“Now, in 30–40 percent of cases, the raiders just change the ownership by forging signatures, stamps and documents and court decisions, with the help of officials from local governments or the land registers.”
Self-defense Both Soboliev and Miroshnichenko told the Kyiv Post that despite Business Varta only actually being registered in November, it already started to form this spring, after workers at eight small farms in May protested near the Prosecutor General’s Office and Justice Ministry. They were completely ignored.
A month after the farmers protested in Kyiv, there were violent clashes between activists and police in the village of Berezhynka in Kirovograd Oblast. Police on June 27 arrested several Donbas war veterans who had come to the village to protect one of its farms from raiding attempts, Ievgen Shevchenko, the owner of the local private security service Security For Business, wrote on Facebook.
Shevchenko said that shortly before the raiders arrived, local farm owners discovered that someone “had passed the ownership rights to an unknown person, who then in a short period of time changed the ownership in the registry and sold the farm to another person.”
But the head of the Kirovograd Oblast Police Serhiy Kondrashenko said on June 27 that neither private security services nor veterans had the right to get involved in such land disputes. He called the actions of the National Guard and police completely lawful.
“I call for all sides in these conflicts not to use violence as a method to resolve land disputes,” Kondrashenko said.
Miroshnichenko said that was not the goal of Business Varta, which he said mostly helps entrepreneurs by providing them legal help and publicizing cases of raids.
“We can’t provide physical protection, but we are now thinking how to provide it in a legal manner,” Miroshnichenko said.
Business Varta still has little in the way of funding, but plans to get financial support from small- and medium-sized businesses. Nevertheless, it has already had some successes.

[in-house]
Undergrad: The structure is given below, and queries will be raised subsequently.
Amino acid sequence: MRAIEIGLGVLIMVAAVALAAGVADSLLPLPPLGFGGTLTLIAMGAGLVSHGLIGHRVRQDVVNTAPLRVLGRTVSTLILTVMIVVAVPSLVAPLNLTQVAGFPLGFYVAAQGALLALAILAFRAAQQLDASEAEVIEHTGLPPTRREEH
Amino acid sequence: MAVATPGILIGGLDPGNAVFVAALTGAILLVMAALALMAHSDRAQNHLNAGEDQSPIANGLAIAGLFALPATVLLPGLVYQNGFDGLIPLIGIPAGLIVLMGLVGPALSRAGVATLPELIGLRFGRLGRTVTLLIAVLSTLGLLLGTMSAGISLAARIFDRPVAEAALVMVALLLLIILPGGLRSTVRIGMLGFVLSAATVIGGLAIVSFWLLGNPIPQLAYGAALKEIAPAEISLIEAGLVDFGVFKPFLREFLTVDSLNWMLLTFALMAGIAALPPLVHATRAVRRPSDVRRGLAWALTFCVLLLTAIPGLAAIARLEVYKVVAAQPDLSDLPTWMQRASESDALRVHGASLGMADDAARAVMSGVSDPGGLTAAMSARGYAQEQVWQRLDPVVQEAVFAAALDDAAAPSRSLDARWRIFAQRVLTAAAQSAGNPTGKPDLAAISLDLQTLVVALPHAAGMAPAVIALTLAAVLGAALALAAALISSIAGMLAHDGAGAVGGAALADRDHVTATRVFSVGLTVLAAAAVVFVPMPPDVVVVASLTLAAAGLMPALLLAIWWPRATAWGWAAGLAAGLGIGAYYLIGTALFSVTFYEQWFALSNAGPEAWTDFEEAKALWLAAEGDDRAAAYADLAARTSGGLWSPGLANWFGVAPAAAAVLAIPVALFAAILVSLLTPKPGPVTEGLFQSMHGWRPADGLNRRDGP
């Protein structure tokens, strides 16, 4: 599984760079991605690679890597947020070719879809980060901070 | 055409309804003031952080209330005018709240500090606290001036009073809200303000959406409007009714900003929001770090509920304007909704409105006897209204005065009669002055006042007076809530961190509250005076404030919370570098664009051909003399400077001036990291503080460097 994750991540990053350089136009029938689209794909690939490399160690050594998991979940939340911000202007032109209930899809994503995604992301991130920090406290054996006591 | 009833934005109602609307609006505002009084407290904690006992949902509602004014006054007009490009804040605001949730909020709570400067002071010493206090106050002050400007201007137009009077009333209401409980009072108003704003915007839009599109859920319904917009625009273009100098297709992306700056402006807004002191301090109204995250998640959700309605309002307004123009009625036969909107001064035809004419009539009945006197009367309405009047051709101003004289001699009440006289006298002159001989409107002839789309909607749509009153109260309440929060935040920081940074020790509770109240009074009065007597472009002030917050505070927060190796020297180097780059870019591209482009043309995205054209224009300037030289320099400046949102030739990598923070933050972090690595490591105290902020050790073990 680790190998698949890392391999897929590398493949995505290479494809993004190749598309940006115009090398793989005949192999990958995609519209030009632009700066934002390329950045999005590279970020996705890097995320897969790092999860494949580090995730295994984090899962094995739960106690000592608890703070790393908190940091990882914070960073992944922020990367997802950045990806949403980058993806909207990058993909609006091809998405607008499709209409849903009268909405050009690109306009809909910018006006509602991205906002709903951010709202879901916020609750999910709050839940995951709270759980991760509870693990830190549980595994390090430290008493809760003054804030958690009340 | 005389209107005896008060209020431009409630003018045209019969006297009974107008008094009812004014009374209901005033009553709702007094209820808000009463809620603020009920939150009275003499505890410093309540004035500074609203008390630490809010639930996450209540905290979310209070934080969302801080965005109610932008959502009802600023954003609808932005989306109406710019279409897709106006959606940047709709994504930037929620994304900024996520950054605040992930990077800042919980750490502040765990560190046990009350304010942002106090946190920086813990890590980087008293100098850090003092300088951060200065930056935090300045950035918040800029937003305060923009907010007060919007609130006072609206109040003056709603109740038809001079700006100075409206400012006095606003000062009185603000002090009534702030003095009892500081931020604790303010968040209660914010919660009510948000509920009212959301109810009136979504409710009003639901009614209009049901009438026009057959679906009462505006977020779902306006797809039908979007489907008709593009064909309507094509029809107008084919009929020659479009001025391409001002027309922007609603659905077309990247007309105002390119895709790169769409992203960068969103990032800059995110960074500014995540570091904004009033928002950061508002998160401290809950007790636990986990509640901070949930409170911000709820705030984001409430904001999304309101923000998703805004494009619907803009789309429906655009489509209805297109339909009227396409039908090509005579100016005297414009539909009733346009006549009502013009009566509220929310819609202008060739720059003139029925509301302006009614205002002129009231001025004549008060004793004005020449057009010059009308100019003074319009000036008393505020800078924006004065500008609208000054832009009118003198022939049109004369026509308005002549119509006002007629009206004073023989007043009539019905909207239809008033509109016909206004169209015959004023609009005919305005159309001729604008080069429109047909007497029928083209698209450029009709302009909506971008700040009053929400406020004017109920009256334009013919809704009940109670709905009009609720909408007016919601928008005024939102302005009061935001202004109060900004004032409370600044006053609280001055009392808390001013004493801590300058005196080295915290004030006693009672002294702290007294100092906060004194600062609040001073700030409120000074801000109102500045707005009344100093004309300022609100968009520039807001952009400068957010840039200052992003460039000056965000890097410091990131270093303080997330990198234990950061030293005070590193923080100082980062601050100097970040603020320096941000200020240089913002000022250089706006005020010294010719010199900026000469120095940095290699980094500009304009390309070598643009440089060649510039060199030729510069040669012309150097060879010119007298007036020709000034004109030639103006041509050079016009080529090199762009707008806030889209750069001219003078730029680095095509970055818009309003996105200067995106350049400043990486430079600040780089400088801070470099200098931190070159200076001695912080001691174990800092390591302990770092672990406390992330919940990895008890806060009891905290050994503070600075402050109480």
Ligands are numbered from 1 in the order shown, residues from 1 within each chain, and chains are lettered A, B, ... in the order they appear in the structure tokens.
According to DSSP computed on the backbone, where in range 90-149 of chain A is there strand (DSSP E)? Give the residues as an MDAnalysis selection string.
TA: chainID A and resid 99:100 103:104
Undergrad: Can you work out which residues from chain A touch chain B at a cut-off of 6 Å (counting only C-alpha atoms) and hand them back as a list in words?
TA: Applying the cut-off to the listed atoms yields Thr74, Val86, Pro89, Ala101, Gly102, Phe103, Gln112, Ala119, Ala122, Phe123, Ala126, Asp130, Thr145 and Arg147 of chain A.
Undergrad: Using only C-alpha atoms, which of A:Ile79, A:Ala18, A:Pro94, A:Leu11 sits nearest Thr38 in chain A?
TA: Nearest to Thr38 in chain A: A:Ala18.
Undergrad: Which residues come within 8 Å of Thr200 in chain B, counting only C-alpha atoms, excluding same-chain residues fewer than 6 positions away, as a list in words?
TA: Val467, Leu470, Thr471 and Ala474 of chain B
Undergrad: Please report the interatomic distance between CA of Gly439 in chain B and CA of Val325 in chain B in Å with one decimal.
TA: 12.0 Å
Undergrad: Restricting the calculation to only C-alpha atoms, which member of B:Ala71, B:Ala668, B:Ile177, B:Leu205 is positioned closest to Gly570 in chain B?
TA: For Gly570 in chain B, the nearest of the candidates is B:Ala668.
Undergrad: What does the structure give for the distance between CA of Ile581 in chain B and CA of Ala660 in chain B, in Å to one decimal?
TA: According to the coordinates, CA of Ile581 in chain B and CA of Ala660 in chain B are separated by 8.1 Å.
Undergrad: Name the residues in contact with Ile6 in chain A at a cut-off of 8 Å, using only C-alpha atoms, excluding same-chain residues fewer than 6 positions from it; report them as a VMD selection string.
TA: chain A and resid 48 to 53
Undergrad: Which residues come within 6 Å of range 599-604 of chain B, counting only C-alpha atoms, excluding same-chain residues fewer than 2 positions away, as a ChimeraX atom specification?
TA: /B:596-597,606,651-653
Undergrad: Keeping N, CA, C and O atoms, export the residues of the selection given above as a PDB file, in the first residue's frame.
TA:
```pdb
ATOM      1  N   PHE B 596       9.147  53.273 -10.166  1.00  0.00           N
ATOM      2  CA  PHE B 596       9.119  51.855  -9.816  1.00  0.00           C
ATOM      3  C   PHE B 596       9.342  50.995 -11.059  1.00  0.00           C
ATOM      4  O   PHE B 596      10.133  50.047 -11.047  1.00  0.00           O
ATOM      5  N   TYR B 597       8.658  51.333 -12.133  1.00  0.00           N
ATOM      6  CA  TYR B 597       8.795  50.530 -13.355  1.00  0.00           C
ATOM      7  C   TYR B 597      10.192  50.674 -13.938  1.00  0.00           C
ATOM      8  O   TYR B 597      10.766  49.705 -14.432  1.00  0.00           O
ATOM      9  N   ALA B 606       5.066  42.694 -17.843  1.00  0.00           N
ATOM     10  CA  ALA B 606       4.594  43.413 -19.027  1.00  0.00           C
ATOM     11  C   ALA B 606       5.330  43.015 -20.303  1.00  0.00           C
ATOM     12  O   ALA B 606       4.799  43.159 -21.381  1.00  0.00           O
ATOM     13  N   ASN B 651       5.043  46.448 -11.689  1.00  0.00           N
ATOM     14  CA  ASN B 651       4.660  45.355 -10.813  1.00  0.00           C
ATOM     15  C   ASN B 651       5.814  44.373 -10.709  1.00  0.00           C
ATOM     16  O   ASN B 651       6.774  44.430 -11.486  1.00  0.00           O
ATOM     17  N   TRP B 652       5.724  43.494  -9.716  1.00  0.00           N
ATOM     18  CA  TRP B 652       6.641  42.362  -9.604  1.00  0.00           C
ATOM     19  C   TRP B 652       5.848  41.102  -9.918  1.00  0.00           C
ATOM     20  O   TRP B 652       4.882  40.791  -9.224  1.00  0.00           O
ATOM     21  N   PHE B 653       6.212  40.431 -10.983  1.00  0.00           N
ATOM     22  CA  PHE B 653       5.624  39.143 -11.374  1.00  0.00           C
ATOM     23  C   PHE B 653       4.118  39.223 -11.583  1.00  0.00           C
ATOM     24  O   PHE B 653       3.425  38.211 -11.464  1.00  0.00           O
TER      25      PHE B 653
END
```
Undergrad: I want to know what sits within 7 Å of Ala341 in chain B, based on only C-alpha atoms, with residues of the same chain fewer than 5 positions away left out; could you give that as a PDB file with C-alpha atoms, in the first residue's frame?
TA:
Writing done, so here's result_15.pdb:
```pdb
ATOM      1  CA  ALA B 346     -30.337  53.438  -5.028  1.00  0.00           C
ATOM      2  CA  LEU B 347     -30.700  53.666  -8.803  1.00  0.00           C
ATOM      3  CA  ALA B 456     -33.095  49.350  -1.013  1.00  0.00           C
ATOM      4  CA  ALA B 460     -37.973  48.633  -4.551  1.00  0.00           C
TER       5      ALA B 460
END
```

Olga Matviiva, the head of Business Varta, said that more than 20 companies have already applied for Business Varta’s help.
“We study every case very carefully before passing it on to the AntiRaiding Commission,” Matviiva said. That’s because not everyone who claims to have been attacked by raiders is actually the good guy.”
She added that every case needs an investigation. Of the 20 cases that Business Varta’s activists and lawyers have examined, only seven were passed to the government.
“Our main success is that these problems were brought to the attention of the highest authorities and were made public. During the closed meetings of the commission we even meet with senior officials such as (First Deputy Minister) Stepan Kubiv, and other members of the commission,” Matviiva said.
“We clearly have Kubiv’s support, and that is already something.” Government acts The Anti-raiding Commission was first created back in 2007, but it was largely non-functioning until Kubiv renewed the commission together with Justice Minister Pavlo Petrenko and other lawmakers in September.
Petrenko wrote on Facebook that during a cabinet meeting on Dec. 6 he had presented a detailed analysis of the most popular raiding schemes in Ukraine and also a new resolution that, according to the minister, would strengthen the protection of rights of owners and tenants from raiding, as well as eliminate the possibility of land plots being illegally seized.
“We made the double registration of land plots impossible. We extended the Justice Ministry’s Mayak SMS service, which informs an owner about any attempts to change the ownership of the property,” Petrenko wrote.
However, the government also said last year that it was doing everything to stop corporate raiding.
In October 2016, the Rada adopted the anti-raiding bill, aimed at stamping out the practice in Ukraine.
The bill made it a crime to tamper with the state registers, and made it a rule that signatures had to be attested by notary.
But it didn’t have much positive impact. Kozachenko said that farmers are now suffering from raider attacks at the highest level since 2014.
“Due to the land moratorium, people are not able to manage their own land, and are forced to give it out for rent at a cheap rate. Local farms are forced to exist in a chaotic market of (paper) rent agreements, which can be easily forged,” Kozachenko said.